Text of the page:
Natural Sciences


The structure of the Natural Sciences Tripos is unique among science courses in British universities. It provides a very broad training in the first year (Part IA), in which you have to take three experimental subjects and one of the Maths options. A course from the Computer Science Tripos may be substituted for one of the experimental subjects. The second year (Part IB) allows some degree of specialisation, but the third (Part II) and possibly fourth (Part III) years are usually devoted to a single area of science, sometimes one that the student had not even met before coming to Cambridge. With seven sciences available in Part IA, and nineteen (plus Mathematics) in Part IB, the range of possibilities is huge.

Trinity has a very strong tradition in Natural Sciences. From Isaac Newton onwards, many famous scientists have studied or taught here, among them 29 winners of Nobel Prizes in Physics, Chemistry, or Medicine. The traditions of the past are reflected today in the size of Trinity’s teaching staff and its breadth of scientific interests. Those currently teaching Natural Sciences in the College are listed below, together with the subjects for which they are responsible.

If you apply for Natural Sciences at Cambridge you are asked to classify yourself as “biological” or “physical”. So far as Trinity is concerned the distinction is merely an organisational one and does not commit you to any specific course of study within the Natural Sciences Tripos. All applications are assessed in the same way and offers are made to those whom we think most likely to do well here irrespective of the subjects in which they hope to specialise.

Applicants are asked in advance of their interview which of their school subjects for the present interests them most but this is done only to guide us in matching interviewers to candidates. Everyone who comes for interview will be seen for about 45 minutes by two members of the teaching staff in Natural Sciences. Prior to this there will be a written component which will be used as a basis for discussion at interview. Candidates should familiarise themselves with the rubric and style of questions by attempting typical questions available below:

Although the interview is likely to focus on your declared particular interests you must be prepared to talk about any of your A-level subjects. As in other subjects at Trinity, the interview is strongly academic in character.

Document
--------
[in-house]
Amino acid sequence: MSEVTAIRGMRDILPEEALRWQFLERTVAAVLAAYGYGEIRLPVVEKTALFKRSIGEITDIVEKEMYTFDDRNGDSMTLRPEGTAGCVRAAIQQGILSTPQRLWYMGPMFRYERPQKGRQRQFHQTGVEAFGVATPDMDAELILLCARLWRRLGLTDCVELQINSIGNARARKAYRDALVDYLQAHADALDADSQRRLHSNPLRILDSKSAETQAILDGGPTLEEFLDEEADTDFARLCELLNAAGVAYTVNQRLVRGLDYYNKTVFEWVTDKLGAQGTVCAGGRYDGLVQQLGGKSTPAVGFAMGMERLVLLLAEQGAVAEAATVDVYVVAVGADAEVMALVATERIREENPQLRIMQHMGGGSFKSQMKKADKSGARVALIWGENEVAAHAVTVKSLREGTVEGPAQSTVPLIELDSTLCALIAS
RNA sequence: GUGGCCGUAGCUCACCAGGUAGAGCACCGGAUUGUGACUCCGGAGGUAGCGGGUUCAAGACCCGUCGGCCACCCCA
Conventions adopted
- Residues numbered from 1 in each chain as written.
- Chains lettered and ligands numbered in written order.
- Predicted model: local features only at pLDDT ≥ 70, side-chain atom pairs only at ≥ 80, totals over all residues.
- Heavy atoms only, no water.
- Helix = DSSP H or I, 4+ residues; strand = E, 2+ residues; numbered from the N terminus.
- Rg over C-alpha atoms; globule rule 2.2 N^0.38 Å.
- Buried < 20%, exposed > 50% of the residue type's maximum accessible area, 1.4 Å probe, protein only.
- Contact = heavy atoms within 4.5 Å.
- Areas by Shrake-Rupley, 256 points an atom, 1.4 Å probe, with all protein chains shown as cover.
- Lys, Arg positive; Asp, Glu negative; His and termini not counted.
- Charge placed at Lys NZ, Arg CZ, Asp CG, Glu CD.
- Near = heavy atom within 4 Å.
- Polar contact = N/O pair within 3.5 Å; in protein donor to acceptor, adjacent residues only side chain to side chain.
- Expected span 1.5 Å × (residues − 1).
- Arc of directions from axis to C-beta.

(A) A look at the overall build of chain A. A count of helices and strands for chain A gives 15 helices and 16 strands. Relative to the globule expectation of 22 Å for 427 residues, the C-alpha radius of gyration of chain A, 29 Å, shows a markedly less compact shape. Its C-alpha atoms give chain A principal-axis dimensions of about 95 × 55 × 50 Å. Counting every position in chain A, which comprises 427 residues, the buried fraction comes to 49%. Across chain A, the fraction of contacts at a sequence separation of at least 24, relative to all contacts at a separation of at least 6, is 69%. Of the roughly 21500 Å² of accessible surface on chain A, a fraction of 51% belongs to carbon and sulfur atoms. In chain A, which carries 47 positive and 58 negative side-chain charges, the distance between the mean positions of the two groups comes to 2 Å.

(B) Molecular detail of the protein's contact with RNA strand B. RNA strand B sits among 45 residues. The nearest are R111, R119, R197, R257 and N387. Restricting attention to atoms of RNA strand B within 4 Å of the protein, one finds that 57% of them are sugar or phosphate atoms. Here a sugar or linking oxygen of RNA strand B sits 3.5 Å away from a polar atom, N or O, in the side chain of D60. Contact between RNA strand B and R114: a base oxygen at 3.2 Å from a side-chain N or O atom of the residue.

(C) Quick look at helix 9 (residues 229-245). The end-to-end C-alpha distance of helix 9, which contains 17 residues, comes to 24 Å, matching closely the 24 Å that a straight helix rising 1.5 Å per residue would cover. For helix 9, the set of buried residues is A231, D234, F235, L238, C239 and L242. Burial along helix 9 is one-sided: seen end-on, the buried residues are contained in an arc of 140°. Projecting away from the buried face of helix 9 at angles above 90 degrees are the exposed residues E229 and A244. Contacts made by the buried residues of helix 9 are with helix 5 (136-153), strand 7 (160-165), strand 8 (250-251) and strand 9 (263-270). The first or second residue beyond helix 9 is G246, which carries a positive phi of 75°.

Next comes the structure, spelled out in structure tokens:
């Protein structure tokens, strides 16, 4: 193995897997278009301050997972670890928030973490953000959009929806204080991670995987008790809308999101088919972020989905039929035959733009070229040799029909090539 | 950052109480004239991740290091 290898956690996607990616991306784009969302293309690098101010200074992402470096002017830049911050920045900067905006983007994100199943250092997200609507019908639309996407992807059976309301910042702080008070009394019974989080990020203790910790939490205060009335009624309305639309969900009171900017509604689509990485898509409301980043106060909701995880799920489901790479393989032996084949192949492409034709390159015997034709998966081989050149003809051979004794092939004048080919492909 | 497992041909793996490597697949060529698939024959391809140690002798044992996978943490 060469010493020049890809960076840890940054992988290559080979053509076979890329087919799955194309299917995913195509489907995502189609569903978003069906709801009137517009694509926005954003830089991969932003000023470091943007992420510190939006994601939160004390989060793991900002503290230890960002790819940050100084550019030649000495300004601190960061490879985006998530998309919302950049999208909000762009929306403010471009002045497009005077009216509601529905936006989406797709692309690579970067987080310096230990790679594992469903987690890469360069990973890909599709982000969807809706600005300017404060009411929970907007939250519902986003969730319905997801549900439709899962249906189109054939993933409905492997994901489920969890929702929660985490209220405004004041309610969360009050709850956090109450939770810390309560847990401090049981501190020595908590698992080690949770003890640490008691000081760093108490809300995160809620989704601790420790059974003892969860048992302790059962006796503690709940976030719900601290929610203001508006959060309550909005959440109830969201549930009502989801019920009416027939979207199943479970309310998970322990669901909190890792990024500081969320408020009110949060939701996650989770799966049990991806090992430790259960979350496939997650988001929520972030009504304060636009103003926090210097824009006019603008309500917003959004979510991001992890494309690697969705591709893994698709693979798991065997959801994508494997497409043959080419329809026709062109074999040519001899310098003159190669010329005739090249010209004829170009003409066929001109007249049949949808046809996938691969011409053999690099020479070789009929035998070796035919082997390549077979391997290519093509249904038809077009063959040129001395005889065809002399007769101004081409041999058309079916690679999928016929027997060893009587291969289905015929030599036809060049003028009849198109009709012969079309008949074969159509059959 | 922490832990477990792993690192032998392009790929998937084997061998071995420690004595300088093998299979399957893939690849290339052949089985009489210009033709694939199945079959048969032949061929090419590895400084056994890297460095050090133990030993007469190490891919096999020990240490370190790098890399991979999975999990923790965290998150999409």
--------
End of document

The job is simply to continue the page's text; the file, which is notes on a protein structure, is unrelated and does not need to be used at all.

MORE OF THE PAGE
The standard conditional offer for Natural Sciences will be A*A*A; we may also ask for a high grade in a relevant subject being taken only at AS-level; comparable conditions are set for those taking the IB and other school-leaving examinations. We expect to admit roughly 30 people for Natural Sciences each year.

Applicants should be taking three sciences at A level including Mathematics. To study Physics at Trinity you will need either A-level Physics, or Mechanics modules in Further Mathematics.  If in doubt about the suitability of your choice of A-level subjects you should seek advice from the Admissions Office before submitting an application.

Teaching Staff in Natural Sciences

Applied Mathematics

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Biological Sciences

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Chemical Engineering

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Earth Sciences

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History & Philosophy of Science

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Materials Science

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To learn more about the Natural Sciences Tripos, visit the website below:

Teaching Staff

  • Dr Daniel Beauregard
  • Professor Paul Brakefield
  • Dr Claudio Castelnovo
  • Professor Jason Chin
  • Professor Andrew Crawford
  • Dr Caterina Ducati
  • Professor Stephen Elliott
  • Professor Val Gibson
  • Dr Malte Grosche
  • Professor Zoran Hadzibabic
  • Professor Marian Holness
  • Professor Sachiko Kusukawa
  • Professor Harvey Reall
  • Dr John Rudge
  • Dr Milka Sarris
  • Professor David Spring
  • Dr Murray Stewart
  • Professor Grae Worster

Admissions Assessment

All applicants are required to take the pre-interview written assessment for Natural Sciences at an authorised centre local to them (for a lot of applicants, this will be their school/college).

Assessment format

  • Maths/Science MCQs (80 minutes)
  • In-depth Science questions (40 minutes)

PDF icon Natural Sciences Admissions Assessment Specification

You must be registered in advance (separately to your UCAS application) to take the assessment – the registration deadline is 15 October 2016. Your assessment centre must register you for the pre-interview assessment; you’re not able to register yourself. See the written assessments page for information about assessment centres and registration.

The pre-interview written assessment for Natural Sciences will be taken on 2 November 2016.

Please note that your performance in the pre-interview assessment will not be considered in isolation, but will be taken into account alongside the other elements of your application.


Applications received 185
Offers made 41
Applications received 183
Offers made 39
Applications received 189
Offers made 38